This Great Sight [CLOSED]
Opened: March 21, 2013
Closed: July 2013
Exhibition Curator: Alec Mishory
This Great Sight: The History of the Jewish People
Moshe Rosenthalis (1922-2008) painted four monumental paintings (1978-1980) in which he depicted a visual narrative of the Jewish People history.
The series titles are arranged in chronological order:
• The Exodus from Egypt
• From the Inquisition until the Immigration to Jewish Palestine
• From the Israeli War of Independence until the Settlement of the Negev Desert
• Jerusalem The paintings were commissioned by businessperson Saul Eisenberg for the board room of the ‘Asia House’ in Tel Aviv (1978).
This location enabled but a small number of executives to see Rosenthalis’ works; they were never shown publically. Beit Hatfutsot has taken upon itself to expose these monumental paintings for the first time to the Israeli public.
Their size is enormous: six meters wide and about a meter and a half in hight. The exhibit aims to display Rosenthails’ sketches, preliminary drawings and cartoons that served him in preparation for the monumental works next to the latter; through them, spectators would follow an Israeli artist’s fascinatingcreative process (for which he dedicated two years of profound research) in search of extraordinary images. The series of paintings’ subject matter, strangely as it may sound, is a rare phenomenon in the history of Israeli public art. The Israeli art field generally (and erroneously) assumes that visual narratives of Zionist dogmas automatically point to works commissioned and dictated by the political establishment.
Consequently, such a notion assumes that the artist, responsible for the making of such works, succumbs to the dictation of one that commissioned the work. In contrast, the contents of Rosenthalis’ History of the Jewish People was entirely envisioned by him, with no intervention whatsoever by Eisenberg, who commissioned the works, or anyone else. The artist envisioned the beginning of Jewish history in the Ten Commandments, received by Moses on Mount Sinaiand given to the Israelites; he saw its final stages in the Zionist settlement enterprises of the Negev desert and the city of Jerusalem after 1967. His profound knowledge of Jewish culture and tradition enabled him to come up with an extensive array of visual motifs and images. The four paintings of The History of the Jewish People are, no doubt, the jewel in the crown of Rosenthalis’ artistic oeuvre, both realistic and abstract; they reflect the artist’s vigor and artistic expertise. Shy and hidden for decades, due to the Israeli art field’s command for abstraction during the 1960s and 1970s, the series re=appearance today makes a fascinating artistic event. Rosenthalis’ was ahead of the times in creating his visual summary of the Israeli experience.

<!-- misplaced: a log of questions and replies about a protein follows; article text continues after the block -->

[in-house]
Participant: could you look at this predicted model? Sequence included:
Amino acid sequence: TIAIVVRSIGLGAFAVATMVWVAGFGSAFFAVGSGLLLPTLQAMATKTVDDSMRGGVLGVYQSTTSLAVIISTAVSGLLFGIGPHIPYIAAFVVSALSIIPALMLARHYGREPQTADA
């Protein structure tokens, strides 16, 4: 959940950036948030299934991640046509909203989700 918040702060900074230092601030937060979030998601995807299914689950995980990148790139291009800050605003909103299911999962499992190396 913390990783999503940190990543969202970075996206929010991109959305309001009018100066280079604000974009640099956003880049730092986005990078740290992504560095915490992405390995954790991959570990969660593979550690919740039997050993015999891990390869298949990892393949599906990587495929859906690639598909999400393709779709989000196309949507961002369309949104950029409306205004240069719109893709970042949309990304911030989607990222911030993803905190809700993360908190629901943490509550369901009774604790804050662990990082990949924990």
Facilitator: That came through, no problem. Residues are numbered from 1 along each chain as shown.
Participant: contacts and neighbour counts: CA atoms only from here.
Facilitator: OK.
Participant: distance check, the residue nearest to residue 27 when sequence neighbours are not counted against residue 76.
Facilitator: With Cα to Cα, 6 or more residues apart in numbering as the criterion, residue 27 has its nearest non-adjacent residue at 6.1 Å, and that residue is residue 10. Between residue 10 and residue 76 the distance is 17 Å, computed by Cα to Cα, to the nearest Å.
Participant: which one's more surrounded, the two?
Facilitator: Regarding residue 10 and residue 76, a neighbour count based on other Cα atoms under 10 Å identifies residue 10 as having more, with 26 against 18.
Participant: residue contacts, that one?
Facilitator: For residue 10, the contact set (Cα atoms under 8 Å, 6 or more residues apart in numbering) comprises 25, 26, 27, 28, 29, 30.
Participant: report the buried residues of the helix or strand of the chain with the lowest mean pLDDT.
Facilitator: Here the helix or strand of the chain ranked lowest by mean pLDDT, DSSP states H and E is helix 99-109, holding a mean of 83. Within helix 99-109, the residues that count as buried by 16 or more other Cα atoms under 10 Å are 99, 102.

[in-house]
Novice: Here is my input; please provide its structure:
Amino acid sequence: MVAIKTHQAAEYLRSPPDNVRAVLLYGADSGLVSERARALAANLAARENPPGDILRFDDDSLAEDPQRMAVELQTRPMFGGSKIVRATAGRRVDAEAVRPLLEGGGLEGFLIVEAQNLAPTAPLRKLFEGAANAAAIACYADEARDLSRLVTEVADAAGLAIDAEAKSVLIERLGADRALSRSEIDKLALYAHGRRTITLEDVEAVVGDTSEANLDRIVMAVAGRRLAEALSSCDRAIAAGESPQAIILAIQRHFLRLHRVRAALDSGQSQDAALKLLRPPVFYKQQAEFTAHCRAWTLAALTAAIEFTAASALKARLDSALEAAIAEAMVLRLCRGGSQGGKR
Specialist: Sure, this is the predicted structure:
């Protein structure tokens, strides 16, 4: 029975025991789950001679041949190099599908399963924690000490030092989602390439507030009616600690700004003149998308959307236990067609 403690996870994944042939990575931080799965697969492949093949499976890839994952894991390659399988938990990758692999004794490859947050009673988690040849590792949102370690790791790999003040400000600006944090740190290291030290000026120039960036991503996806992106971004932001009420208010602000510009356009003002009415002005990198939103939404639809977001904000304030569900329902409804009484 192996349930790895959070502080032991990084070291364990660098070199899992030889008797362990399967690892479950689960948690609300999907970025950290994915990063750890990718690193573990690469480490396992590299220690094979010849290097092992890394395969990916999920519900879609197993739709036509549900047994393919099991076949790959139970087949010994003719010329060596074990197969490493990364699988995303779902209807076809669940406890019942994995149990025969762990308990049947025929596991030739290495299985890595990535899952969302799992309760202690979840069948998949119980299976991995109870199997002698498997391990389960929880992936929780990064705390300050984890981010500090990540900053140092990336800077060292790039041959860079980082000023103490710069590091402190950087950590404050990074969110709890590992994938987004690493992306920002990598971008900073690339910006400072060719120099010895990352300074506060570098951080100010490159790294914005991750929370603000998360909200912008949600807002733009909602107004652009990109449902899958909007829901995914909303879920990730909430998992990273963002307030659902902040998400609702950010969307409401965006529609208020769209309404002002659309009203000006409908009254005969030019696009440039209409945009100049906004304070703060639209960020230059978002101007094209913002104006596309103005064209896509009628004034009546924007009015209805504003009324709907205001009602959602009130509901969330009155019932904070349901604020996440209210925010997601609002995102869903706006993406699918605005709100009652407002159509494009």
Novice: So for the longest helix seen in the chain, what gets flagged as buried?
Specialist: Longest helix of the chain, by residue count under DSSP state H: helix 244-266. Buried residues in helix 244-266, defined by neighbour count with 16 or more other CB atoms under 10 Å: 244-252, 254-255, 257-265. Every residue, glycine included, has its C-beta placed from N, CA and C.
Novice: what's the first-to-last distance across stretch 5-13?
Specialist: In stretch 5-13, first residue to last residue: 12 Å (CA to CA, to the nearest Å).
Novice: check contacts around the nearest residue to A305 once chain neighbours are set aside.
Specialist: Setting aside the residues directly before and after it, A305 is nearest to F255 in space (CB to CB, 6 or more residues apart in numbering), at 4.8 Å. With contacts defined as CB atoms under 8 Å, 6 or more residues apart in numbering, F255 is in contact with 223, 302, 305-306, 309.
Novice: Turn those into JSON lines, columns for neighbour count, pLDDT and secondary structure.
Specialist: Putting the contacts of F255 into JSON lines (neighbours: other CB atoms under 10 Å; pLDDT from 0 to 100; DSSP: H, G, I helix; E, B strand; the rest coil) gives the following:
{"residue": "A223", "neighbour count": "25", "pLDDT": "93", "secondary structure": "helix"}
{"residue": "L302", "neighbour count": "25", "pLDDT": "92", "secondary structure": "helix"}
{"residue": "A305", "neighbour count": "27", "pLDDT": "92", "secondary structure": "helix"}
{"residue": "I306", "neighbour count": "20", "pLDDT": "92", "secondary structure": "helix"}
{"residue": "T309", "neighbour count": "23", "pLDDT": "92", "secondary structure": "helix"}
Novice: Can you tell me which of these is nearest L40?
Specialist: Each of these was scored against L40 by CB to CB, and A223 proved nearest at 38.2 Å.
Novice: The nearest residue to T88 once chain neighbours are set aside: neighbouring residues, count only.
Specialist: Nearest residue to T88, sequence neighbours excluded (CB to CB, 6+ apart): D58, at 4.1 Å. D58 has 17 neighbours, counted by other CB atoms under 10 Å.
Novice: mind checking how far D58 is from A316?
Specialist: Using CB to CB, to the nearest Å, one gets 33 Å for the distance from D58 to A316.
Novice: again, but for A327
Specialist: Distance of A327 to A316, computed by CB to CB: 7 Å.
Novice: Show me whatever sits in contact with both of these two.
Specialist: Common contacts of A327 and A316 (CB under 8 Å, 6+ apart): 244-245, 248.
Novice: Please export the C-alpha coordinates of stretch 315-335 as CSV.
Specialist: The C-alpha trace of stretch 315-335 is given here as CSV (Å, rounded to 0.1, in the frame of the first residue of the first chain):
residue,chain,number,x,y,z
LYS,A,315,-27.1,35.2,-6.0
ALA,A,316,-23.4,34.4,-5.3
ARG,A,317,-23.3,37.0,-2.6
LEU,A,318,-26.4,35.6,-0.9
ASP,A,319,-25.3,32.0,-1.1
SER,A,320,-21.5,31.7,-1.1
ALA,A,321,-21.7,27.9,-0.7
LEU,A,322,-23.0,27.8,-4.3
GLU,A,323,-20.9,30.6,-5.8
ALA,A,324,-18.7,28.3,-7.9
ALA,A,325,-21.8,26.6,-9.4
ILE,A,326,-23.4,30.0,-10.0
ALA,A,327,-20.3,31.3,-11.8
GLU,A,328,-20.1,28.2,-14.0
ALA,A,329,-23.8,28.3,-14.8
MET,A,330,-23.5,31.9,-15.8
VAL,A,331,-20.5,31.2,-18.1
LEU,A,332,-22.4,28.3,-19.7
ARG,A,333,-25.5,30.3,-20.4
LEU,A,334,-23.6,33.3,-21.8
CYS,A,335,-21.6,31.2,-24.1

The public exposure of this series of paintings in this exhibition – later on to be part of the permanent display at Beit Hatfutsot – was long due for such a unique, monumental historical visual text.
Exhibition Initiator: Avner Rosenthalis
Director of the Curatorial Department: Smadar Keren
The exhibition is displayed in collaboration with Rosenthalis House.